“Redwood” accordingly followed in 1824. It was received at once with a degree of favour that caused the author’s name to be associated, and on equal terms, with that of Cooper, who was then at the height of his popularity; and, indeed, in a French translation of the book, which then appeared, Cooper is given on the title-page as the author. “Redwood” was also translated into the Italian, besides being reprinted in England.

The reputation of the author was confirmed and extended by the appearance, in 1827, of “Hope Leslie,” the most decided favourite of all her novels. She has written other things since, that in the opinion of some critics are superior to either “Redwood” or “Hope Leslie.” But these later writings have had to jostle their way among a crowd of competitors, both domestic and foreign. Her earlier works stood alone, and “Hope Leslie,” especially, became firmly associated in the public mind with the rising glories of a native literature. It was not only read with lively satisfaction, but familiarly quoted and applauded as a source of national pride.

Her subsequent novels followed at about uniform intervals; “Clarence, a Tale of our Own Times,” in 1830; “Le Bossu,” one of the Tales of the “Glauber Spa, in 1832; and “The Linwoods, or Sixty Years Since in America,” in 1835.

In 1836, she commenced writing in quite a new vein, giving a series of illustrations of common life, called “The Poor Rich Man, and the Rich Poor Man.” These were followed, in 1837, by “Live and Let Live,” and afterwards by “Means and Ends,” a “Love Token for Children,” and “Stories for Young Persons.”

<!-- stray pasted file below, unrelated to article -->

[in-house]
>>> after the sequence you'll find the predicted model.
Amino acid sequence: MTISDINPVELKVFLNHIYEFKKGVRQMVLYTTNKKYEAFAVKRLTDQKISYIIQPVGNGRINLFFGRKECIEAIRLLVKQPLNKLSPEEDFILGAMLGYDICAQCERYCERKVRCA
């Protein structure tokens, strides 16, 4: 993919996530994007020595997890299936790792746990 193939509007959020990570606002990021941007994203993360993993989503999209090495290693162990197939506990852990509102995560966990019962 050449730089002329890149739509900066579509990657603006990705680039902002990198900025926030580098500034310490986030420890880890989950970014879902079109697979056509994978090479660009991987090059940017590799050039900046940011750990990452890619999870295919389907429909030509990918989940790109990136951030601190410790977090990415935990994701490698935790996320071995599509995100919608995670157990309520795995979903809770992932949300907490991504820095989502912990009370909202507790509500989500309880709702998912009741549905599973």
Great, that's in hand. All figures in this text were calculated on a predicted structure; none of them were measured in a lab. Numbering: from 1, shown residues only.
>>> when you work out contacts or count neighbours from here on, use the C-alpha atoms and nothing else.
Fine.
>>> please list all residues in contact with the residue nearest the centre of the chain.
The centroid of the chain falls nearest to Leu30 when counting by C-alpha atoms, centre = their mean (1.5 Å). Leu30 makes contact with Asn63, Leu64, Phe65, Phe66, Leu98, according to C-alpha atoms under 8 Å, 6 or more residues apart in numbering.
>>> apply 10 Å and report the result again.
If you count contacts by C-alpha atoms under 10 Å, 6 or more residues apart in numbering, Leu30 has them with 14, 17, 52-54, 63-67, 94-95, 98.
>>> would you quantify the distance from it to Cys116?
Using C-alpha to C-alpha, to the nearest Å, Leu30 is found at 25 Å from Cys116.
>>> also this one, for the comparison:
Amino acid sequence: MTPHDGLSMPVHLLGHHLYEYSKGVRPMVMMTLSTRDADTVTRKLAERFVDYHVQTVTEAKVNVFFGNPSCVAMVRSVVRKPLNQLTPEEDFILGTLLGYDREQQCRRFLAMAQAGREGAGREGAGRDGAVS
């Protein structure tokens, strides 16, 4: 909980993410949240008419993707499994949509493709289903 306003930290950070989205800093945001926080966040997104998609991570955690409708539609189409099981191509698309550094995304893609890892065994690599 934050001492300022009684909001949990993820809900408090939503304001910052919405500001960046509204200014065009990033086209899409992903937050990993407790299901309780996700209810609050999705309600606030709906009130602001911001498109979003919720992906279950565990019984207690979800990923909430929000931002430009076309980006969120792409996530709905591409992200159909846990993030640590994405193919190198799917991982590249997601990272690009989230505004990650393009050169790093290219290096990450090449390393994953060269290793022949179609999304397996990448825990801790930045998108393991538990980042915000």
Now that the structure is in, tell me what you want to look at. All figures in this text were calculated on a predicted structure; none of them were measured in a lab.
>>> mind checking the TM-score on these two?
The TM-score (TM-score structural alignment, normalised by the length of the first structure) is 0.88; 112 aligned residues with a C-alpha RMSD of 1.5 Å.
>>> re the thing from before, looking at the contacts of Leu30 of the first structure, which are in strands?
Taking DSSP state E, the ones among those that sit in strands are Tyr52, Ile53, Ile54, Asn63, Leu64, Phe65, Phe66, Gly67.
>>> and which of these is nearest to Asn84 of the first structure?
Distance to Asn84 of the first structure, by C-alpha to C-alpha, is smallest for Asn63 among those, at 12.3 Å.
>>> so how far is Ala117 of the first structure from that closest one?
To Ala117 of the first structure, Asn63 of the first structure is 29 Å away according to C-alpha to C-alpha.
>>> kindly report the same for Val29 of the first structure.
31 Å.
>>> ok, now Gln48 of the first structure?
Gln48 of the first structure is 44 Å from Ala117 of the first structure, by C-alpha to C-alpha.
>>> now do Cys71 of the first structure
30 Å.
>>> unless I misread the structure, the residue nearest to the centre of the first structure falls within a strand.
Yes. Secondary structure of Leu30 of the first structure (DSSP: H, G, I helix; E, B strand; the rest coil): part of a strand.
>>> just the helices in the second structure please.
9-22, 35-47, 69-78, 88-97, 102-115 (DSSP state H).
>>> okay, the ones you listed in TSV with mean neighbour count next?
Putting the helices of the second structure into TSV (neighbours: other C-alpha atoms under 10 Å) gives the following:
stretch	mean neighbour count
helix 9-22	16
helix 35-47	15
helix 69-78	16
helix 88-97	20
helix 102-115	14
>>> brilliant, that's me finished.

In 1839, Miss Sedgwick went to Europe, and while there, wrote “Letters from Abroad to Kindred at Home.” These were collected after her return, and published in two volumes.

She has written also a “Life of Lucretia M. Davidson,” and has contributed numerous articles to the Annuals and the Magazines. Some of her recent publications have been prepared expressly for children and young persons. “The Boy of Mount Rhigi,” published in 1848, is one of a series of tales projected for the purpose of diffusing the sentiments of goodness among the young. The titles of some of her other small volumes are “Facts and Fancies,” “Beautitudes and Pleasant Sundays,” “Morals of Manners,” “Wilton Harvey,” “Home,” “Louisa and her Cousins,” “Lessons without Books,” &c.

The quality of mind which is most apparent in Miss Sedgwick’s writings is that of strength. The reader feels at every step that he has to do with a vigorous and active intellect. Another quality, resulting from this possession of power, is the entire absence of affectation of every kind. There is no straining for effect, no mere verbal prettinesses. The discourse proceeds with the utmost simplicity and directness, as though the author were more intent upon what she is saying than how she says it. And yet, the mountain springs of her own Housatonick do not send up a more limpid stream, than is the apparently spontaneous flow of her pure English. As a novelist, Miss Sedgwick has for the most part wisely chosen American subjects. The local traditions, scenery, manners, and costume, being thus entirely familiar, she has had greater freedom in the exercise of the creative faculty, on which, after all, real eminence in the art mainly depends. Her characters are conceived with distinctness, and are minutely individual and consistent, while her plot always shows a mind fertile in resources and a happy adaptation of the means to ends.